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One of the controversial items included in the rules package that the House passed Monday, and that Trump loyalists had pushed for, is the establishment of a new select committee to “investigate the investigators.”
Essentially, Republican lawmakers want to probe the Department of Justice (DOJ) and the FBI to see whether they have been “weaponized.”
At first glance, that sounds like a pretty good idea. In recent years, both parties have nominated presidential candidates who were either targets of FBI investigations themselves or whose no-good son is being investigated. And ahead of the last two elections, the bureau had to make tough calls on whether to release information regarding those probes to the public.
In addition, the FBI is not exactly a beacon of decency. In fact, it may have been involved in more major scandals than any other federal agency. No matter where you fall on the political spectrum, the bureau has probably done something to piss you off — whether that’s former director James Comey torpedoing Hillary Clinton’s presidential campaign in 2016 or the FBI raiding Donald Trump’s Florida residence to confiscate the nearly 200 classified documents he had squirreled away there.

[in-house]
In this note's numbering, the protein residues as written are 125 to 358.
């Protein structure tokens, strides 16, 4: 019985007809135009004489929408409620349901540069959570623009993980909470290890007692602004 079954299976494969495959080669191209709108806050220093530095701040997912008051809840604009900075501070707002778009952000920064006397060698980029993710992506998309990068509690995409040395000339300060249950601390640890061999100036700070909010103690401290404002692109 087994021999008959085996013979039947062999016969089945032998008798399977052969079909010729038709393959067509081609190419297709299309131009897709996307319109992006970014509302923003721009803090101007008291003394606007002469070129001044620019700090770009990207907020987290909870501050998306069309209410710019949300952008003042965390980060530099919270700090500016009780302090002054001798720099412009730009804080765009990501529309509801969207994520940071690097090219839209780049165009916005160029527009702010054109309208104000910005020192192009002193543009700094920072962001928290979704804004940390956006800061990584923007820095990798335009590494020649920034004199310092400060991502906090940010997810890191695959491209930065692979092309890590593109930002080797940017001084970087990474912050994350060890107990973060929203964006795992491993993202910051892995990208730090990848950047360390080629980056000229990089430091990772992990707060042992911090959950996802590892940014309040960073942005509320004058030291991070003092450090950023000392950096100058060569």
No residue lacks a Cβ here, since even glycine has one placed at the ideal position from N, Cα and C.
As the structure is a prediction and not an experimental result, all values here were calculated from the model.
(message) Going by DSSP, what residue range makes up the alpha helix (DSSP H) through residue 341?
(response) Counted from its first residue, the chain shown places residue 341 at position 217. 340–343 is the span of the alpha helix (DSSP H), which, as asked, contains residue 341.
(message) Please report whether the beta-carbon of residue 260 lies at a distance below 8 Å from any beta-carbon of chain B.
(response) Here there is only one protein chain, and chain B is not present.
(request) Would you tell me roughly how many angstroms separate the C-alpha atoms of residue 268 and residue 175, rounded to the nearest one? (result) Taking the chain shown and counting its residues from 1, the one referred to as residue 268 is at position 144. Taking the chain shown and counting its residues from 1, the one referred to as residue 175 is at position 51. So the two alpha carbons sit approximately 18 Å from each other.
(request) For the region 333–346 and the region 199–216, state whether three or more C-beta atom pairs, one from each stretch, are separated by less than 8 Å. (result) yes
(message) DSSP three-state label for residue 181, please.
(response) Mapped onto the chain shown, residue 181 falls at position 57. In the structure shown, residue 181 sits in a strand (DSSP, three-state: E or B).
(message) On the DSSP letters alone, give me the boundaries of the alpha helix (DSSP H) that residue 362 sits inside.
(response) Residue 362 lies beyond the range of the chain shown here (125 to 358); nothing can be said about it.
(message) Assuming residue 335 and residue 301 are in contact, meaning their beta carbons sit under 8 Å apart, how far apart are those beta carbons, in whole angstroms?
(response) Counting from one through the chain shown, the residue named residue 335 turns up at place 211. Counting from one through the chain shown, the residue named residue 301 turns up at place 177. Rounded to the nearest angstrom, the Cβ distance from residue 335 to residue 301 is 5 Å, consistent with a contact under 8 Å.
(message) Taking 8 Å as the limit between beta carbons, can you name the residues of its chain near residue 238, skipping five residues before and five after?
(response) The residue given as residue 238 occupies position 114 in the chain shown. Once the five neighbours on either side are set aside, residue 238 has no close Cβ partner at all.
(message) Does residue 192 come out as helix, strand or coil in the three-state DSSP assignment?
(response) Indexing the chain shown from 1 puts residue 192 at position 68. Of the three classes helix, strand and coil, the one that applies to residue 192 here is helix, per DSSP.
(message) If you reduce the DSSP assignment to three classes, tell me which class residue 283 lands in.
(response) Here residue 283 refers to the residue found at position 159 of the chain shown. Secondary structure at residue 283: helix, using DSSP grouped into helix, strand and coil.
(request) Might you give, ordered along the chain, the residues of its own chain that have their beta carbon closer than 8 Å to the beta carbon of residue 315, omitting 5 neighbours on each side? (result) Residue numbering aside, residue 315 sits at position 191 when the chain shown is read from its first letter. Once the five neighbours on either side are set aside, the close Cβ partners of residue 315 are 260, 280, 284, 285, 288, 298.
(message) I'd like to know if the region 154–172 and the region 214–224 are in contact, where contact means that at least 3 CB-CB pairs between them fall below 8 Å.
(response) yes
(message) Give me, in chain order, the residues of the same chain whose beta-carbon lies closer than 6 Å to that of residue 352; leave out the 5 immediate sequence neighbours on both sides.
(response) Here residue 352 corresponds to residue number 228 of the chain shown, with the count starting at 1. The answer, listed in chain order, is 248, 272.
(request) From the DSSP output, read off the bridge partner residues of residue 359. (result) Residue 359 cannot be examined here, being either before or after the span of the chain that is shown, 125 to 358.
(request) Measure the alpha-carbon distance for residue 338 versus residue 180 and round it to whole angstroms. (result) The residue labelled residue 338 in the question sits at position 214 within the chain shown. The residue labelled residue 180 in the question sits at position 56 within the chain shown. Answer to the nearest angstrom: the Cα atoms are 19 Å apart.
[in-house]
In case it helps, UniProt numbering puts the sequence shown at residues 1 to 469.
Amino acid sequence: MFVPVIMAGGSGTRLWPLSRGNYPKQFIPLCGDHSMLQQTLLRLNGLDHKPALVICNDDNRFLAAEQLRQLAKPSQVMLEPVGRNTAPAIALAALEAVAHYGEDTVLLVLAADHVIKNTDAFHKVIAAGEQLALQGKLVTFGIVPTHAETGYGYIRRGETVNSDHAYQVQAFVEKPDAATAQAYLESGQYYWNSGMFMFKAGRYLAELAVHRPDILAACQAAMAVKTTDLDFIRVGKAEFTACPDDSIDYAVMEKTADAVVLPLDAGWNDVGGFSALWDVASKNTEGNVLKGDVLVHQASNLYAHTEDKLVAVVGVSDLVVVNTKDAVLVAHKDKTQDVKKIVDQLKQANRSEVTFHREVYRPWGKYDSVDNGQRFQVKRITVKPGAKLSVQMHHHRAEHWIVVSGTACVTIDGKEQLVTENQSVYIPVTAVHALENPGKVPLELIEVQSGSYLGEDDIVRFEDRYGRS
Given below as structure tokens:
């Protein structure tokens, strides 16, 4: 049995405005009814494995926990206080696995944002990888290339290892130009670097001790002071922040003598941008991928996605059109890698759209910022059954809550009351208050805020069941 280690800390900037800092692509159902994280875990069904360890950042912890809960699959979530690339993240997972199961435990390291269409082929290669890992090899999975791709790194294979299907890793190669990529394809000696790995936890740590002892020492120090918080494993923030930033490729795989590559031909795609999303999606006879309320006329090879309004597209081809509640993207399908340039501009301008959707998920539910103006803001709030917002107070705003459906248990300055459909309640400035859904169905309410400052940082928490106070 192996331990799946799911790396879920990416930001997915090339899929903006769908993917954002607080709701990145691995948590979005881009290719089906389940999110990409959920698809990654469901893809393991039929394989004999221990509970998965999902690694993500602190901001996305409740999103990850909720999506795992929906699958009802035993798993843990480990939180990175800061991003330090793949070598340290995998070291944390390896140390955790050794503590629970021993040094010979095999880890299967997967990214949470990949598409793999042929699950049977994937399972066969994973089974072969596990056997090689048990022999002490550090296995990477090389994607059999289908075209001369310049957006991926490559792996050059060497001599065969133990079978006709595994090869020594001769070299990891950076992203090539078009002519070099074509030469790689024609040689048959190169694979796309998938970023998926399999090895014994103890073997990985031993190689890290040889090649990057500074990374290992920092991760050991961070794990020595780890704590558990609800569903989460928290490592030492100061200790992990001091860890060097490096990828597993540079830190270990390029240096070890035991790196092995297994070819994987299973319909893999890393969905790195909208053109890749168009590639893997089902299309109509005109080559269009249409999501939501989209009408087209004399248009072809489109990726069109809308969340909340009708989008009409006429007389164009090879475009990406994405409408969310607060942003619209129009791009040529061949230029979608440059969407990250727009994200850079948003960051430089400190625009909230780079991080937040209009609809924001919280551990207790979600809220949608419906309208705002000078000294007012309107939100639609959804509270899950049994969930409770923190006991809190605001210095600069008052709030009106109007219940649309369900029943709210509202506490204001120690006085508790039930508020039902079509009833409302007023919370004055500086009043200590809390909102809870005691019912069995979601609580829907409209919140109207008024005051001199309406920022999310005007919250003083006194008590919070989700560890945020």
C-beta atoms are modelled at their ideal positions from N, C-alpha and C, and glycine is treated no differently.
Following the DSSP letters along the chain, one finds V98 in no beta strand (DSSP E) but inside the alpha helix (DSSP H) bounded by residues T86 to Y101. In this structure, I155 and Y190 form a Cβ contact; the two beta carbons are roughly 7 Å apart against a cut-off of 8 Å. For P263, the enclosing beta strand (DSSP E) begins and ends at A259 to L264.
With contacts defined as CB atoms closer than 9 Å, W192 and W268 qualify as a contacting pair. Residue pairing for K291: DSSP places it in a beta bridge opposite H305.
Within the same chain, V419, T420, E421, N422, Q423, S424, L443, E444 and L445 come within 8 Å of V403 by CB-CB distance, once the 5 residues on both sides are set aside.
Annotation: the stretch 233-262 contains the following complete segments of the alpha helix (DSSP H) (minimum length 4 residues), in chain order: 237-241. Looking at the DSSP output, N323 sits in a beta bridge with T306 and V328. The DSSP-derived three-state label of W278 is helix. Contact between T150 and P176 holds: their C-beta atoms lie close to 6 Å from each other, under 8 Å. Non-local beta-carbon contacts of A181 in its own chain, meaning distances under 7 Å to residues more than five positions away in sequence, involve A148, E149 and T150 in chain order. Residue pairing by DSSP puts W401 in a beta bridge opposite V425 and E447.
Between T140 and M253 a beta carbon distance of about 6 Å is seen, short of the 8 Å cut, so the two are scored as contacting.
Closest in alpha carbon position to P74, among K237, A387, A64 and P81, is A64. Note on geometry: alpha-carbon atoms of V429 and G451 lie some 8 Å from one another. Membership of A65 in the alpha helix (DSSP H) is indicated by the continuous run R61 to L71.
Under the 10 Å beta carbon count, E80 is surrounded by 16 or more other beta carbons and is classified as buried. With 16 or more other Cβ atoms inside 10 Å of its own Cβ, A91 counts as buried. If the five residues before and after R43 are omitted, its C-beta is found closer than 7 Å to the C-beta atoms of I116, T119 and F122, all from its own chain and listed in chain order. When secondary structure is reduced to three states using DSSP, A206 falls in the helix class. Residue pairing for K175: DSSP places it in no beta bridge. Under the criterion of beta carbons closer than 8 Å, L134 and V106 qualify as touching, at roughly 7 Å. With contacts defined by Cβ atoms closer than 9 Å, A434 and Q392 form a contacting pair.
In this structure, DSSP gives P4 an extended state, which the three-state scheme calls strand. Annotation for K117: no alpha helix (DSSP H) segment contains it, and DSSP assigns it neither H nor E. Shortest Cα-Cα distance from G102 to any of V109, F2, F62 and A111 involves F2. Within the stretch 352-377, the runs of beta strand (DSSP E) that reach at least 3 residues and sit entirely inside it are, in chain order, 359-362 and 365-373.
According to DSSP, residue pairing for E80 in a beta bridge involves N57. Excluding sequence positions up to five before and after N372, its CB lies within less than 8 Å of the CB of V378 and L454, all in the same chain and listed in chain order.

In Greek mythology, King Midas was revered for his ability to turn anything he touched into gold. Modern day Republicans are the opposite. Everything they touch turns to shit.
So, why would a new committee with the goal of investigating the FBI be controversial?
Because it’s Republicans running the show.
Let’s take a look at why that is a problem.
In Greek mythology, King Midas was revered for his ability to turn anything he touched into gold. Modern day Republicans are the opposite: Everything they touch turns to shit.
A great example is the GOP’s election denialism of 2020. In theory, some of the issues Trump and his brigade of weirdos raised merit attention. Should elections be well run? Of course. Should voting machines be safe? Obviously. Is there enough transparency surrounding them and their potential vulnerabilities? There is not. Should all eligible votes (and only those) be counted? Yes, that’s the whole point.